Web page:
The Albin Counter-gambit (1.d4 d5 2.c4 e5), a line played on occasion by the young Boris Spassky, is the author’s remedy to the Queen’s Gambit. Against the other queen’s pawn games (all of them!), as well as against the Reti (1.Nf3 d5), the author recommends a Stonewall set-up (pawns at …d5, …f5, …c6, …e6; knight at …f6 and bishop at …d6: you castle, play …Ne4, …Rf6-h6, …Qh4 and mate! Simple as.).

On 1.c4, the English Opening, Black plays 1…e5 and a sort of Grand Prix Counter-attack (…f5, Nf6, Nc6, Bc5 or …b4 or …e7, etc.). Offbeat and irregular openings are well covered too (e.g. From’s Gambit against Bird’s Opening, naturally enough) and I particularly liked one of the author’s three (!) sensible suggestions against the Sokolsky: 1.b4 d5 2.Bb2 Qd6!? 3.a3 (3.b5 Qb4 picks up a pawn) e5: Black develops his pieces on sensible squares while supporting his pawn centre. Uhlmann essayed these moves in a game played in 1980; Black can hardly fail to get a playable game.

All in all, this ‘ready-to-go package for ambitious beginners’ creates a positive impression. Take up the gambit lines and you will have active piece play for the price of a pawn, while the attacking set-ups (the Stonewall and the Grand Prix) are aggressive and not at all easy to defend against. These openings are principled and lively and exciting to play, requiring also that you learn how to develop an initiative and plan an attack, how to spot a combination and calculate accurately. So they will develop you as a players too. They will yield victories against lower-rated players and valuable learning experiences against higher-rated players as well – because to win your opponent will, equally, need to show imagination, positional play, strategic skills and accuracy.

One could quibble and say that, objectively, the Scandinavian with 2…Nf6 is probably less good than 2…Qxd5 3.Nc3 Qd6, a line made fashionable by Tiviakov. Indeed, Sergey Kasparov in his recent Understanding the Scandinavian (2015) states that ‘2…Nf6 definitely doesn’t lead to equality’. But this is beside the point: the openings that strong grandmasters play are sometimes not appropriate for beginners, and vice versa. This is a terrific repertoire book for beginners.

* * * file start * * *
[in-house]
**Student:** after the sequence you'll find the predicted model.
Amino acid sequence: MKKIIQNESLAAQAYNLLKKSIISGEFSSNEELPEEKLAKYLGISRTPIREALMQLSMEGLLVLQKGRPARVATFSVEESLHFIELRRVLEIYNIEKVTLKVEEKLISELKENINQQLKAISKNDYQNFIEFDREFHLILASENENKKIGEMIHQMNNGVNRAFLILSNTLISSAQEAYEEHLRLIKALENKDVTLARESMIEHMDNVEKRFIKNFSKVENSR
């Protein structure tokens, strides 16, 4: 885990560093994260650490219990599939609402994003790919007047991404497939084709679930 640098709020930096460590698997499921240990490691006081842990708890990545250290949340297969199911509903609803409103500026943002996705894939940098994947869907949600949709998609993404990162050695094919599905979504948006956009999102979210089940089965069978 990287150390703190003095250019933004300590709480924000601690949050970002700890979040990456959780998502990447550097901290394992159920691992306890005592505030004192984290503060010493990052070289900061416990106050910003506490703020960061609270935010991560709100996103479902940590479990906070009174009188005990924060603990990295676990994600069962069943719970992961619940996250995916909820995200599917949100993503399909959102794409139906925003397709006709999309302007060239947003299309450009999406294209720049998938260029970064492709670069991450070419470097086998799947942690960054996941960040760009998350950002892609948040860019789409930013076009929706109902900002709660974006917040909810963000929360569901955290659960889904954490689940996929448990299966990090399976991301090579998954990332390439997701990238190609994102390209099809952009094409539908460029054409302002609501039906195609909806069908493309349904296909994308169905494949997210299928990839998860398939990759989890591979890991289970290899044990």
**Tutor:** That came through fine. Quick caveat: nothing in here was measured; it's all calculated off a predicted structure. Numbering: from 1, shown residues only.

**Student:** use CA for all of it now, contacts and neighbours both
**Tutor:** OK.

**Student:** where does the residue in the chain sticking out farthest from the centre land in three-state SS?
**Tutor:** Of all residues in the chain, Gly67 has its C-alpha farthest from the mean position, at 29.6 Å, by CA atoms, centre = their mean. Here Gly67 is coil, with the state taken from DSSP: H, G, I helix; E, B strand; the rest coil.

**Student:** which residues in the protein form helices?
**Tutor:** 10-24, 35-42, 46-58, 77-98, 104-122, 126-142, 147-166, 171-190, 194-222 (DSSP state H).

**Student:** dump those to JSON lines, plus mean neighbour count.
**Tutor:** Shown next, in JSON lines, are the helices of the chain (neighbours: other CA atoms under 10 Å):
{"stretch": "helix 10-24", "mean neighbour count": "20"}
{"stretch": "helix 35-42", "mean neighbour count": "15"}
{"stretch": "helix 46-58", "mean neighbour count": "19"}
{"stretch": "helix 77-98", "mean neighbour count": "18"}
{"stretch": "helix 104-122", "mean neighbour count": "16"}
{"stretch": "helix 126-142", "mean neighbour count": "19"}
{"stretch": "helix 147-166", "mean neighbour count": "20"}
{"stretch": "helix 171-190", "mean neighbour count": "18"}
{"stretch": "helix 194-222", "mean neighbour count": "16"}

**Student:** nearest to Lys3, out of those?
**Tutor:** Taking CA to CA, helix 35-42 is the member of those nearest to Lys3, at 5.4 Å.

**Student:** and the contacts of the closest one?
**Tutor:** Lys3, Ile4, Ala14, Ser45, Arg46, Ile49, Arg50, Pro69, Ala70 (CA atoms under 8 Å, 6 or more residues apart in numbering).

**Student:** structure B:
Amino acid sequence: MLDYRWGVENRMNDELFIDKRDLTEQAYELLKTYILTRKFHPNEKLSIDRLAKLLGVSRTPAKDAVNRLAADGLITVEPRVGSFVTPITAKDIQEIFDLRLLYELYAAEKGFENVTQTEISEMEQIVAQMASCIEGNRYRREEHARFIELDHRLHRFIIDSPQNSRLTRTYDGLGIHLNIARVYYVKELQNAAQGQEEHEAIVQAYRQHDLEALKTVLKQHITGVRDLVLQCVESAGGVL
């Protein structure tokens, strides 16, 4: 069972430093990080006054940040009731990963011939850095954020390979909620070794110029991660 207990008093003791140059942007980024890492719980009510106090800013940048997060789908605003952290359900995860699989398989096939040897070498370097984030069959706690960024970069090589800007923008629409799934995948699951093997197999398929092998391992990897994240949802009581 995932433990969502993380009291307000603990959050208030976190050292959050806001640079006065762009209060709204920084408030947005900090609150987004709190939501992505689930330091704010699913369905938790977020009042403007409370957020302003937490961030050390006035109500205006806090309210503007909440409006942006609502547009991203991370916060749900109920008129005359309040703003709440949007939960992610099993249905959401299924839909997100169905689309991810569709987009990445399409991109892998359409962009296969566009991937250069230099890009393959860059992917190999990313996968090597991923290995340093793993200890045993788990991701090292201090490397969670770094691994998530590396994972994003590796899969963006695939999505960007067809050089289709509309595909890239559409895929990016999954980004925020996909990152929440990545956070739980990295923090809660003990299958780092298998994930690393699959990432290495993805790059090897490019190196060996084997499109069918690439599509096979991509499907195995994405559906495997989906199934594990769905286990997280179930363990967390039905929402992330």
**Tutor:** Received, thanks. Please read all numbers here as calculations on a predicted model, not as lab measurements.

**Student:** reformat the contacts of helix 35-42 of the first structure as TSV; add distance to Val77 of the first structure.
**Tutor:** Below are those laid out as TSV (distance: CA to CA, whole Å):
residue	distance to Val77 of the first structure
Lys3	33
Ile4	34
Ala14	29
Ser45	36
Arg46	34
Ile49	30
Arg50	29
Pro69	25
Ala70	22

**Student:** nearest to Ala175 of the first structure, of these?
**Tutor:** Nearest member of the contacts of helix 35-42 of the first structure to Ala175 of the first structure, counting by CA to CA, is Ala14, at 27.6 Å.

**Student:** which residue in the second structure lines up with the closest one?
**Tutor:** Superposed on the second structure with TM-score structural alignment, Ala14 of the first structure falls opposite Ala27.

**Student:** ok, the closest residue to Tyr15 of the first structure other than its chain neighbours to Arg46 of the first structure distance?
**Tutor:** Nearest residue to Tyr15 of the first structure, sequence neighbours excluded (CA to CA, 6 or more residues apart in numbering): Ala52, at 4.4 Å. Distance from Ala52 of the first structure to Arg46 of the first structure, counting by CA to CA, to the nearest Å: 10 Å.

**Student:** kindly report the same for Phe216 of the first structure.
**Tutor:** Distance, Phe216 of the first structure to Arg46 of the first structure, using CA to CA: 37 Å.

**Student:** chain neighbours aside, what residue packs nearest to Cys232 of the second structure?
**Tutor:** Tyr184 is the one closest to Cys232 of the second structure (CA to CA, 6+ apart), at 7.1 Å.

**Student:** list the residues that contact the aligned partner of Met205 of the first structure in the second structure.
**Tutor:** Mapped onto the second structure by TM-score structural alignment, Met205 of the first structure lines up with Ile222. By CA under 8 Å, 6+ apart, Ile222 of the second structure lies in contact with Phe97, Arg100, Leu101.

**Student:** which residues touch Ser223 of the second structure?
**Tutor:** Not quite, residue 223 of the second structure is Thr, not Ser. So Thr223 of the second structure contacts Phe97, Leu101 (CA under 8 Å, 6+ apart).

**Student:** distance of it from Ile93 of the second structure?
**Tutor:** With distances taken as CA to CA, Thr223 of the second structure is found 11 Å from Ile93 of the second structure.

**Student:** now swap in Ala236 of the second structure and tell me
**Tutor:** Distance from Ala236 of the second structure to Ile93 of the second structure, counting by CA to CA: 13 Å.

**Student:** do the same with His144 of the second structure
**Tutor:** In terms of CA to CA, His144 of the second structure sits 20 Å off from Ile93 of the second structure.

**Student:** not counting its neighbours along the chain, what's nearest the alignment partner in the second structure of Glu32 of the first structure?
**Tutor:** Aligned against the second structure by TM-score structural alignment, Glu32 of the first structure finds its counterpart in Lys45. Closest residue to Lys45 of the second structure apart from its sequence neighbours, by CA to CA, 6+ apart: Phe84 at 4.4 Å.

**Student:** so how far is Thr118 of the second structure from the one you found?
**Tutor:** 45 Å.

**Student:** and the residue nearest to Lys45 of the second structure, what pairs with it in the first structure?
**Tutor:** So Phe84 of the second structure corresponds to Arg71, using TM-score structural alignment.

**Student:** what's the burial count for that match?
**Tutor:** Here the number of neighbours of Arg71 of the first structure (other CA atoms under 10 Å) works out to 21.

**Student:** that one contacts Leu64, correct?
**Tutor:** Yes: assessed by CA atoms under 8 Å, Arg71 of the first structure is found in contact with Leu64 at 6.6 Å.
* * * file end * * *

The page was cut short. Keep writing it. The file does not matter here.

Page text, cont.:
The publisher’s description of My First Chess Opening Repertoire for Black by Vincent Moret can be read here.

Kasparov: How His Predecessors Misled Him About Chess

Kasparov: How His Predecessors Misled Him About Chess

The books that have successfully combined chess and humour are few in number.

Offhand, I can recall only three outstanding examples: The Twelve Chairs, a satiric Russian novel of 1928 by Ilf and Petrov, and a couple of more recent efforts, How To Cheat at Chess and Soft Pawn, both from the adept pen of William Hartston. Tibor Karolyi and Nick Aplin’s book is a creditable addition to their number.

Kasparov: How His Predecessors Misled Him About Chess is probably best described as a spoof. The authors adopt the voice and persona of ‘Gary Kasparov’, or rather an imaginary version of the great world champion. Their Kasparov is a little wimpy and whiney at times, and he is prone to blame his mistakes on past champions.

There are twelve chapters, with each one devoted to a prior world champion, from Steinitz to Karpov. Every chapter has more or less the same format. Typically, we see a given world champion making use of a particular tactical motif or strategic device (e.g. Tigran Petrosian’s use of the positional exchange sacrifice) or playing a particular kind of position (say, a rook ending) – and, crucially, succeeding. We then see a game or three where Kasparov makes use of the same stratagem, or finds himself in a similar sort of position, but matters do not turn out so well. The joke (there is just the one) is that Kasparov has simply been aping or superficially emulating the great player’s approach without understanding it fully.